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Delaware Periodontists Take Oral Health to New Heights

Photo by Luigi Ciuffetelli

Local periodontists help prevent gum disease and other illnesses while educating about the link between beautiful smiles and overall health.

A dazzling smile involves a lot more than beautiful teeth. It begins with periodontics, the arm of dentistry that focuses on the supporting structures of the teeth.

“Often, people don’t think of periodontal disease until they have pain,” points out Peggy Munley, D.D.S., who practices periodontics and general dentistry in Wilmington. “If you catch it early, it’s easy to treat. If you wait too long, you wind up losing teeth.”

Periodontia—Greek for “around the teeth”— involves the gums and bone that hold teeth in place. A periodontist specializes in the prevention, diagnosis and treatment of periodontal disease and in the placement of dental implants.

Thanks to advances in periodontics, there are a lot more options these days to keep mouths healthy. Human placenta is used as a regenerating product in treating receding gingiva, or gums. Cadaver bone material can be grafted to bone eroded by advanced periodontal disease. Computer programs guide the placement of dental implants.

Those discoveries were decades away when Munley decided to go to dental school in the 1970s at the urging of a dentist who recognized the extraordinary dexterity in her hands she developed from doing crewel work and counted cross stitch.

When she graduated in 1978, 13 of her fellow 130 students were women. “10 percent [was] huge back then,” she recalls. “When I started working in Delaware, only three women were taking the boards.”

Today, slightly more than half of students in U.S. dental schools are women, according to the American Dental Association. That’s due, in part, to advocates like Munley who have supported women entering the field.

Darla Brice, D.D.S., a periodontist at Silverside Dental, was mentored by Munley as she rose in her career, starting as a hygienist, going to dental school, and then completing a three-year postdoctoral residency in periodontia.

There’s a strong link between gum disease and other illnesses, including stroke, heart attacks, hypertension and thyroid disease. Scaling and root planing to remove tartar and reduce inflammation of the gums can help to improve diabetes. Brice frequently collaborates with her patients’ family dentists, endocrinologists and cardiologists to ensure the highest level of care.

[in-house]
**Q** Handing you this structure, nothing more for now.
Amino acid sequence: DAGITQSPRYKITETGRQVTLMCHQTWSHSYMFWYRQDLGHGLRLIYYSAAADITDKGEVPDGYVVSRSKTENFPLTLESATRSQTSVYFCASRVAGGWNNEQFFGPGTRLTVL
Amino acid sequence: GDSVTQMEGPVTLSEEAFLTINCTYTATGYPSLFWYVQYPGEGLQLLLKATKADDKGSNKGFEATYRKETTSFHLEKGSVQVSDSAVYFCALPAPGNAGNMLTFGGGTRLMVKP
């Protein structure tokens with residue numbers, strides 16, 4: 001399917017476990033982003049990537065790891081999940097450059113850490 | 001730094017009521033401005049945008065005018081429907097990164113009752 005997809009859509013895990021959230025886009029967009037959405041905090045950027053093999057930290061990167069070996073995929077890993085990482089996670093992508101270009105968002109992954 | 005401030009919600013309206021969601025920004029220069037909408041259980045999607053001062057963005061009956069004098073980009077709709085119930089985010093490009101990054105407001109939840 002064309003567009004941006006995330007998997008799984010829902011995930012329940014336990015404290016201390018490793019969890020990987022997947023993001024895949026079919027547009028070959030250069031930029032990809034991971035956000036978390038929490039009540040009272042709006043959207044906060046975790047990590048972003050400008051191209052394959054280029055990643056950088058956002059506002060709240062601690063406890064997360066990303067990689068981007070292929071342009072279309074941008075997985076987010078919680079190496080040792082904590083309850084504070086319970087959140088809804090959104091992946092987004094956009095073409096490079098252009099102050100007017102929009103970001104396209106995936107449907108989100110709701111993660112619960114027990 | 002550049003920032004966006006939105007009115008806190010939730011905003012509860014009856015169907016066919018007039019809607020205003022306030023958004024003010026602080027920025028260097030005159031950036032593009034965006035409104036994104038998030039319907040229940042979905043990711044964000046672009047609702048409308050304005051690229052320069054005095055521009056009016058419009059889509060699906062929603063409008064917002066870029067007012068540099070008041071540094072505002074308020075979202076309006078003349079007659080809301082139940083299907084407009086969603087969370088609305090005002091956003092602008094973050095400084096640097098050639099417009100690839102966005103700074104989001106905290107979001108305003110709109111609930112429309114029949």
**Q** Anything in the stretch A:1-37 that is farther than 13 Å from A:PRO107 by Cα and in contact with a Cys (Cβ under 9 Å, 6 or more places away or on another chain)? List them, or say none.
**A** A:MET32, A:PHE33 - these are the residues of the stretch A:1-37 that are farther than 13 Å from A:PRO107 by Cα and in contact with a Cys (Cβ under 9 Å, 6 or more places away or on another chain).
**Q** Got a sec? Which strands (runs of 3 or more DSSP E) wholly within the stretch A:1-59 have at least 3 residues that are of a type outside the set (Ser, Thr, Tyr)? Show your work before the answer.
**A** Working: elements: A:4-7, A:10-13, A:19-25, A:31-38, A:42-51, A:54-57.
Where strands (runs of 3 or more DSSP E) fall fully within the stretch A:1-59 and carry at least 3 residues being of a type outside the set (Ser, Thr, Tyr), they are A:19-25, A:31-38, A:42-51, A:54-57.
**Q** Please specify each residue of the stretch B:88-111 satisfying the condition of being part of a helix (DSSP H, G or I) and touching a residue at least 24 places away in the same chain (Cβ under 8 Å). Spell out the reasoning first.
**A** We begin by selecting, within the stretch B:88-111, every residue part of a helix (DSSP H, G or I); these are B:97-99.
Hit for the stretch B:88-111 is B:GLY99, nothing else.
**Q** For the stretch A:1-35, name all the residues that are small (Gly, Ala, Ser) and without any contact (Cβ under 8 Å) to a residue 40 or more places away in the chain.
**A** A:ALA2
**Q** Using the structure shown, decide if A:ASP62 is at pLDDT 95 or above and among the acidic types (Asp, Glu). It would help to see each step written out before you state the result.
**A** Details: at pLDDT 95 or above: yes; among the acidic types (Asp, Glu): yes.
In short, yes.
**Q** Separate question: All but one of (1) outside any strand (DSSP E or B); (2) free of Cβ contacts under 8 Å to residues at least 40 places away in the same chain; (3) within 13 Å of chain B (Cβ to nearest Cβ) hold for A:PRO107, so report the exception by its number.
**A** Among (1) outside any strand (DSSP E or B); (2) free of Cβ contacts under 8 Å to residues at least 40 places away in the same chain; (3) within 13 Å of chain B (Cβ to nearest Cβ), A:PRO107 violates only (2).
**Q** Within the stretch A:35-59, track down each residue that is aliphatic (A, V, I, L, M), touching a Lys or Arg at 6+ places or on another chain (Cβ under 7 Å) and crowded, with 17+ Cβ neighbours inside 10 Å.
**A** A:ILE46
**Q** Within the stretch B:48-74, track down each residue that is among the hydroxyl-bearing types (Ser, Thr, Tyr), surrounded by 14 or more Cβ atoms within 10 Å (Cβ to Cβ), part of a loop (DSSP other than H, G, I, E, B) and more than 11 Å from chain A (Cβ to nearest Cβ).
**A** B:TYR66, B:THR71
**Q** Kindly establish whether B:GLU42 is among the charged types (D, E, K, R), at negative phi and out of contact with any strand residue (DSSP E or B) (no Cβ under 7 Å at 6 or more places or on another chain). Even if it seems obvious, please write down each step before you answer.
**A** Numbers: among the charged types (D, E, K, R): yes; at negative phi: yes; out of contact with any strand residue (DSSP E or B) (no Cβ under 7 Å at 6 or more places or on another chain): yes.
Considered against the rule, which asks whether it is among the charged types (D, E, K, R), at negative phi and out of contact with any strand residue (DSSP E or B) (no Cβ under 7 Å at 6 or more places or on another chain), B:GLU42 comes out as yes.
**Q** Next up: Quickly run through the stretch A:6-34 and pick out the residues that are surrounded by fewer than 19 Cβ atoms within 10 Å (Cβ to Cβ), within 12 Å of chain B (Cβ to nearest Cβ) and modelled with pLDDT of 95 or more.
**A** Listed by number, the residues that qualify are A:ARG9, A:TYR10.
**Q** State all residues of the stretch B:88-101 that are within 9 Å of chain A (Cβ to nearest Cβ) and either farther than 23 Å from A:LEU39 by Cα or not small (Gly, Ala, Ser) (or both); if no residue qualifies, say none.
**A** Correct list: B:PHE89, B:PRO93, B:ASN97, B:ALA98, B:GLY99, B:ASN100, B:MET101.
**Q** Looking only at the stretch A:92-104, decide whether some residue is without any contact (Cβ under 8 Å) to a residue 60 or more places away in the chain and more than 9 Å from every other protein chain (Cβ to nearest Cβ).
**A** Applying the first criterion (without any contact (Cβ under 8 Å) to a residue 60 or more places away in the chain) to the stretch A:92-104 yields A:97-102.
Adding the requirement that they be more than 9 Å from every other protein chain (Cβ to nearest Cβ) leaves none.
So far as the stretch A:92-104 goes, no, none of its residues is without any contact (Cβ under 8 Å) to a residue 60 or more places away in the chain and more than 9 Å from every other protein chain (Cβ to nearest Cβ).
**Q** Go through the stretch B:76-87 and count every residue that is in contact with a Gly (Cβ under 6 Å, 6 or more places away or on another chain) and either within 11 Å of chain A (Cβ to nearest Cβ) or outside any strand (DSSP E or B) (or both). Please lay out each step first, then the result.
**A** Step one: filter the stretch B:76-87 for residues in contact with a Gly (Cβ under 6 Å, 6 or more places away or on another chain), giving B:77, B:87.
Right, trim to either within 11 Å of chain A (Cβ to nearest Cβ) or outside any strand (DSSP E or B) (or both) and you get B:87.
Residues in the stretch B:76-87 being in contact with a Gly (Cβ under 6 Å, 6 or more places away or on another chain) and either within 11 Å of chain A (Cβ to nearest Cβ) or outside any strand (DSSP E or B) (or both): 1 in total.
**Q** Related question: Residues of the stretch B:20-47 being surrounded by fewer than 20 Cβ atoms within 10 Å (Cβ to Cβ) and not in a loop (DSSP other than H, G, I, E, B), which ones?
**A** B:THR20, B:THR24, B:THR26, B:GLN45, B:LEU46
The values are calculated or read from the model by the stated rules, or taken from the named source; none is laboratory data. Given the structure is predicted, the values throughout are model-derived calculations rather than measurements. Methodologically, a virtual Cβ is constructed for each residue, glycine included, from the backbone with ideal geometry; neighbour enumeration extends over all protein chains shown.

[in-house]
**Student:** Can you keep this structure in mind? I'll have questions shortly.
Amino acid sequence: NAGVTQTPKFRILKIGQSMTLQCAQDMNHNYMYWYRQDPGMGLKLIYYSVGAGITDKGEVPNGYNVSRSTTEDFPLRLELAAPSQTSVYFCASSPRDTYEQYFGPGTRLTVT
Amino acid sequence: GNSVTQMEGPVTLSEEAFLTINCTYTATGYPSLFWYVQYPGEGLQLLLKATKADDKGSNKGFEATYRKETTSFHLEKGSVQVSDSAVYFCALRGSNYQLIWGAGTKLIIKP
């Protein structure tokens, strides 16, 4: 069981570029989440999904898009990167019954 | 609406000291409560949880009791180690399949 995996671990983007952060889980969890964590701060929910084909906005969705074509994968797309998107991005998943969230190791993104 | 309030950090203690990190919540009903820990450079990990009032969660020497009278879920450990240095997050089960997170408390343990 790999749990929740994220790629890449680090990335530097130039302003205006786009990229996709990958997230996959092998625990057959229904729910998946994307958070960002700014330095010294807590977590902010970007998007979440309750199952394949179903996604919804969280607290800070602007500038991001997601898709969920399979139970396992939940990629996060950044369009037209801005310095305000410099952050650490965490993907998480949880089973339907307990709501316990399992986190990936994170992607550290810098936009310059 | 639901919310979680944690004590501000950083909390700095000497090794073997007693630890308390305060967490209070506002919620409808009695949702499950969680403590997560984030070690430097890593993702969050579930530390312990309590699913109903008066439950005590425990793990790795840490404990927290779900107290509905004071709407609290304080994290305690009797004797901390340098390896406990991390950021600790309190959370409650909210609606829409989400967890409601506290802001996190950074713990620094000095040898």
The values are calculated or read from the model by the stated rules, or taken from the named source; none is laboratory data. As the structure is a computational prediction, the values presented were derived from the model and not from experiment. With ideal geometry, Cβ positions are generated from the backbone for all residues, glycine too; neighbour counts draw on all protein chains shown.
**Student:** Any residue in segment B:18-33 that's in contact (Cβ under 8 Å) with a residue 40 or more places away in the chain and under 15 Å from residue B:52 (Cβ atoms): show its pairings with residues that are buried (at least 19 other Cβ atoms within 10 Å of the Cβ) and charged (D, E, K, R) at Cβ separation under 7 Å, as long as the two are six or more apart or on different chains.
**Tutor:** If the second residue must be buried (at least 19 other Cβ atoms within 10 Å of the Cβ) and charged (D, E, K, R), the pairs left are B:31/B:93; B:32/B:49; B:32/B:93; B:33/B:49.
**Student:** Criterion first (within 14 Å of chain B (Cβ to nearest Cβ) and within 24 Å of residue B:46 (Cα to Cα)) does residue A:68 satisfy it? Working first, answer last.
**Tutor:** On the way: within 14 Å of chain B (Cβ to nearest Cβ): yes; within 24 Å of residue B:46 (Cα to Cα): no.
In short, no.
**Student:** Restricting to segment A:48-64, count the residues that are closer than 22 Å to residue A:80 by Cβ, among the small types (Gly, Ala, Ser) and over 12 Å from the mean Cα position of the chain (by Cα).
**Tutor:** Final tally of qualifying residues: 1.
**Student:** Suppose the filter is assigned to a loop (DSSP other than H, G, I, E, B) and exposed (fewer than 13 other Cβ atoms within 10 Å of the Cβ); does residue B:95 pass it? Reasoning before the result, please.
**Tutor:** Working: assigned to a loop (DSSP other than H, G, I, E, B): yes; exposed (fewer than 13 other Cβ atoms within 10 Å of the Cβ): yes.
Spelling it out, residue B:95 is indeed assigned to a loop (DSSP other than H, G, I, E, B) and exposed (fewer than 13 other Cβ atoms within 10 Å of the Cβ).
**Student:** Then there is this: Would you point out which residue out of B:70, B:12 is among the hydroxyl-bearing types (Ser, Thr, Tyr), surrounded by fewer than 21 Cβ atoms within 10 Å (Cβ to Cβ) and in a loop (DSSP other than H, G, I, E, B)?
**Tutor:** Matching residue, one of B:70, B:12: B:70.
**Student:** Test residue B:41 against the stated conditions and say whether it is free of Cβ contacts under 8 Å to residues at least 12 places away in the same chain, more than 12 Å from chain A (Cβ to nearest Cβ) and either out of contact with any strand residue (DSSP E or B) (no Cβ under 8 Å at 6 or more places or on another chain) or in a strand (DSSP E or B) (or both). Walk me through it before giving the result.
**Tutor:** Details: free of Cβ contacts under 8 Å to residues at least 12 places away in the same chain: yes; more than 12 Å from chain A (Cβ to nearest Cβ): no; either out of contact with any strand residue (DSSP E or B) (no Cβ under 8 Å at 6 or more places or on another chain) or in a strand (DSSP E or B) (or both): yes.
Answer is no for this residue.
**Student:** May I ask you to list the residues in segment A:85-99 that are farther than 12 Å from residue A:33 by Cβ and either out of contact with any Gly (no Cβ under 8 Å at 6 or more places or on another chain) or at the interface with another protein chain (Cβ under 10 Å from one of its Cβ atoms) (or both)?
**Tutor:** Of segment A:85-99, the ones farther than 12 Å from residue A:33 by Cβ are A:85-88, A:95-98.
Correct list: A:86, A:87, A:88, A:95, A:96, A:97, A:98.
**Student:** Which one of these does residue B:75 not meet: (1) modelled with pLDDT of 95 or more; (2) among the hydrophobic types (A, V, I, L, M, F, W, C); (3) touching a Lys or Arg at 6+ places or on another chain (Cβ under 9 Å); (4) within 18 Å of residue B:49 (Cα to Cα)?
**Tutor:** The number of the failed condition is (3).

“It’s a very multidisciplinary approach,” Brice says.

She also does cosmetic contouring to reduce the puffy gums that sometimes result from orthodontia. Teens might request aesthetic crown lengthening before taking their senior portraits.

“Some people have short teeth. You can only see about half the tooth because the gum is covering the enamel,” Brice explains. “If you look at pictures of Beyoncé, you will see that she has a very gummy smile.”

Dental implants are replacements of teeth and roots meant to match the natural teeth. The root is typically a small titanium post anchored into the bone socket of the missing tooth. As the jawbone heals, a process that takes six to 12 weeks, the bone grows around the metal post. Then a connector post and artificial tooth are attached.

One-day implants are another option, although the success rate with those procedures is slightly lower.

Munley, who teaches at the dental clinic at Wilmington Hospital, says recognizing signs of gum disease is important because early treatment usually results in better outcomes for patients.

“You can see instantly when someone begins to take care of their gingiva, how much better their mouth looks,” she says.

Her advice for anyone who wants to ensure healthy gums? Floss every day. And if you can’t floss every day, commit to flossing at least three times a week.

“Flossing is the most important thing you can do for your teeth. If I had to choose between brushing and flossing, I would choose flossing,” she says.